Friday, October 03, 2008

USS Russell Returns from Western Pacific Deployment

By Mass Communication Specialist 2nd Class Michael A. Lantron, Commander, Navy Region Hawaii Public Affairs

PEARL HARBOR (NNS) -- Sailors aboard the Arleigh Burke-class guided-missile destroyer USS Russell (DDG 59) returned to their homeport of Naval Station (NAVSTA) Pearl Harbor Oct. 1 following a six-month deployment to the Western Pacific in support of the global war on terrorism.

"It's been a long deployment so it feels great to be home," said Boatswain's Mate Seaman Ryan Cook. "I've been waiting five months to finally meet my daughter [for the first time] and it's an amazing feeling."

Cook added that he was proud of his other shipmates and was glad to be a member of Russell's crew for the deployment.

"We have a great crew here," said Cook. "We all worked long days and nights during the deployment to make sure the job was done."

The U.S. Pacific Fleet Band and hula dancers performed while friends and family held 'welcome home' signs and waved to the Sailors as the ship came alongside the pier.

"I'm so excited that I'm at a loss for words," said a wife of a Russell Sailor. "It's great to finally see them come home."

After the ship moored and the brow was in place, Sailors rushed down the brow to embrace loved ones on the pier and enjoy well-deserved liberty.

"It's great to see all of the family and friends on the pier waiting for us on such a beautiful day," said Cmdr. Jeff Weston, Russell's commanding officer. "It makes coming home that much more special."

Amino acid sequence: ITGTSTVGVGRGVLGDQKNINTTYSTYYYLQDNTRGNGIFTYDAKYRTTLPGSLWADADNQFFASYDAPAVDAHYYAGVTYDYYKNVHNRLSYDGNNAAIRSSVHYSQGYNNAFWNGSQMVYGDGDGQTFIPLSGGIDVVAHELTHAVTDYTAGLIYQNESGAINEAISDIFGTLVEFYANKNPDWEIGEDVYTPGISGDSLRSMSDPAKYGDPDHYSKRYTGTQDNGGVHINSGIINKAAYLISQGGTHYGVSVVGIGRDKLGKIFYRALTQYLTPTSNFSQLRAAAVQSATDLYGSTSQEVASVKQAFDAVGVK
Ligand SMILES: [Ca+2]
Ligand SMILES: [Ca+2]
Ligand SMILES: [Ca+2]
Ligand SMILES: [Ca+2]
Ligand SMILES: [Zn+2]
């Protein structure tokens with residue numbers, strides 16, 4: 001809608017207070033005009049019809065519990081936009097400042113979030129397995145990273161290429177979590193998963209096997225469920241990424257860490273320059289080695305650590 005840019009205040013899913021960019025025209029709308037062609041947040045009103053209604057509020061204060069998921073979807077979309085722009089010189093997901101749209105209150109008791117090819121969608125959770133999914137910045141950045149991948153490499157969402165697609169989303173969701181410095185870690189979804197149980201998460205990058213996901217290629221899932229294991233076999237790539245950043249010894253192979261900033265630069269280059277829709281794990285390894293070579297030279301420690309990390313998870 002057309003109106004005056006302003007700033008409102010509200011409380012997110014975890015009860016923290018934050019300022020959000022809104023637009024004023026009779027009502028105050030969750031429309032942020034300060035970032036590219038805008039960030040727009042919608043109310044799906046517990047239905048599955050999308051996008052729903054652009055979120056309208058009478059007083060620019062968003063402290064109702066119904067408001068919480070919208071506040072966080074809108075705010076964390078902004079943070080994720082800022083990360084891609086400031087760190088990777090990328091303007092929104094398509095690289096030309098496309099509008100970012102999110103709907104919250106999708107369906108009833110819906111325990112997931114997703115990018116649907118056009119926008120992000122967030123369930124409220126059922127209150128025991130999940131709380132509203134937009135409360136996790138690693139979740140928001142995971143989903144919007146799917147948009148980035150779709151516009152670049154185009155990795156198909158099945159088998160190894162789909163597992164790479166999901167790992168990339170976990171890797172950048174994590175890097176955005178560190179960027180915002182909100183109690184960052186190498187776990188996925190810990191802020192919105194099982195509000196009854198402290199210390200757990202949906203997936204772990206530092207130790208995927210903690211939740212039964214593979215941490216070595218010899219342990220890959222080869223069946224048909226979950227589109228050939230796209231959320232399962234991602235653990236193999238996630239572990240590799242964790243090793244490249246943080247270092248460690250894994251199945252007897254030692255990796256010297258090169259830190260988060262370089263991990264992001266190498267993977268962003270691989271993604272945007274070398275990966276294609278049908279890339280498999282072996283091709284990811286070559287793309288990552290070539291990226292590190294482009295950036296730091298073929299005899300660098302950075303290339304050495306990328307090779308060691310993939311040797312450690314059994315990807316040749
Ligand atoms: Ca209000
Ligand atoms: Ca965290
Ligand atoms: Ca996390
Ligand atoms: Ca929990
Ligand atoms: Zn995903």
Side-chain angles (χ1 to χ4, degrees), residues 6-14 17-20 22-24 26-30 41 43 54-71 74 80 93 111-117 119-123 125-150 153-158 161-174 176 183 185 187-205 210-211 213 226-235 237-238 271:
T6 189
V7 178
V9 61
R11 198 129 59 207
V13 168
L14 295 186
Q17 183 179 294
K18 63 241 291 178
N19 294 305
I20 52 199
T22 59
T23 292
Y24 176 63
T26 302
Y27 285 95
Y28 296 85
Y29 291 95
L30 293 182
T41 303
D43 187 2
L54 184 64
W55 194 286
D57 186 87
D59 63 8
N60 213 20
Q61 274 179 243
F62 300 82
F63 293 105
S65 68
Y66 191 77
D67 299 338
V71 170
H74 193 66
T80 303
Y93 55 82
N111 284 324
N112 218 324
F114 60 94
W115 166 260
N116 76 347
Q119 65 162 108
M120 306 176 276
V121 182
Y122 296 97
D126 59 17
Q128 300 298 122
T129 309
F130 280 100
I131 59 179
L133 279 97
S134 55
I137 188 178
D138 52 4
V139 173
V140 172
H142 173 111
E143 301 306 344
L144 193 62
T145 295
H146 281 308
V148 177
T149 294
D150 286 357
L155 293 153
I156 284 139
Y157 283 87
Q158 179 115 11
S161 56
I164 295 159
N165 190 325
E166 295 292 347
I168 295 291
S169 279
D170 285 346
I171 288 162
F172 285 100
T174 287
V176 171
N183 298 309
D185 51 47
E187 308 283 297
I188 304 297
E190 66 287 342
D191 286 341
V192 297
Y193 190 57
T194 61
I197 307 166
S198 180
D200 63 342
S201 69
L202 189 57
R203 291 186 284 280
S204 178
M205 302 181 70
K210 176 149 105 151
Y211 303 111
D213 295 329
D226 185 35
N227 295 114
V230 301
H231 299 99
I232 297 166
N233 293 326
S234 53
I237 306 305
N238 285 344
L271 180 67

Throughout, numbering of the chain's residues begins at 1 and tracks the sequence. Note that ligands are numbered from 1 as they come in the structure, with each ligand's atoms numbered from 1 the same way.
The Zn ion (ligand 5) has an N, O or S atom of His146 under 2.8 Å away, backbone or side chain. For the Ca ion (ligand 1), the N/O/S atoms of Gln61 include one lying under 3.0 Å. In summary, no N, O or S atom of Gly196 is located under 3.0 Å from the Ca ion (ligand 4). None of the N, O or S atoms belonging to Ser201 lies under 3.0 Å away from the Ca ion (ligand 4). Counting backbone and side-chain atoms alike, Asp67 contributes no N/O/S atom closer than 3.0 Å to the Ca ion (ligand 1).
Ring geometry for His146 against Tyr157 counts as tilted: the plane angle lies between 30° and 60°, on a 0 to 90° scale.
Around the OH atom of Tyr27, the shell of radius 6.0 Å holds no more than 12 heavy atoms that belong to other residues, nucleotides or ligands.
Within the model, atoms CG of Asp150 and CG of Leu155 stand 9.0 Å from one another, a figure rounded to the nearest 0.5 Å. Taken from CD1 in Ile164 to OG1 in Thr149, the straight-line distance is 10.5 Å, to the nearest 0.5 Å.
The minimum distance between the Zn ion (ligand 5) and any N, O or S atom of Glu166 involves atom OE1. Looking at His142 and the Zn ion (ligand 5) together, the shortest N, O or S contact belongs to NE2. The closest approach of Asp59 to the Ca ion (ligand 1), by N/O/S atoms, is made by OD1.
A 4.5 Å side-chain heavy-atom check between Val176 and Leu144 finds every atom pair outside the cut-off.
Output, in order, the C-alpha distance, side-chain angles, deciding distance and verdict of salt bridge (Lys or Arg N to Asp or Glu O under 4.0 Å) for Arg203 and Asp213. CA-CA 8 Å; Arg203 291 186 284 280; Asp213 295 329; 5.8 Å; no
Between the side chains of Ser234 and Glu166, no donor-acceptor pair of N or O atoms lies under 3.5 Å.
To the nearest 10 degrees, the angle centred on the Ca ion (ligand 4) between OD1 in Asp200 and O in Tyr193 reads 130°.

Weston also added his thanks to the Sailors for a mission accomplished.

"The crew performed spectacularly," said Weston. "We spent very little time in port and they all did amazing work out there. Every mission we were tasked with we performed flawlessly and it's a credit to them."

Russell and her crew departed Pearl Harbor on March 24 as part of the USS Abraham Lincoln (CVN 72) Carrier Strike Group. Supporting Maritime Security Operations in the 5th Fleet area of operations, Russell helped develop security in the maritime environment and promoted stability and global prosperity.

During the deployment, Russell interacted with coalition forces, offered humanitarian assistance to a stranded boat with 70 Somalis onboard, participated in joint exercises, and pulled into six ports, where its crew contributed to the host nation in community relations projects.

Russell is 505 feet in length, 66 feet wide and has a maximum speed of 30 plus knots. The primary mission of Russell is to destroy enemy aircraft, missiles, submarines, surface ships, and land targets. Russell is normally assigned to a carrier strike group and brings significant capabilities to the battle force, carrying the latest technology in all areas of modern warfare.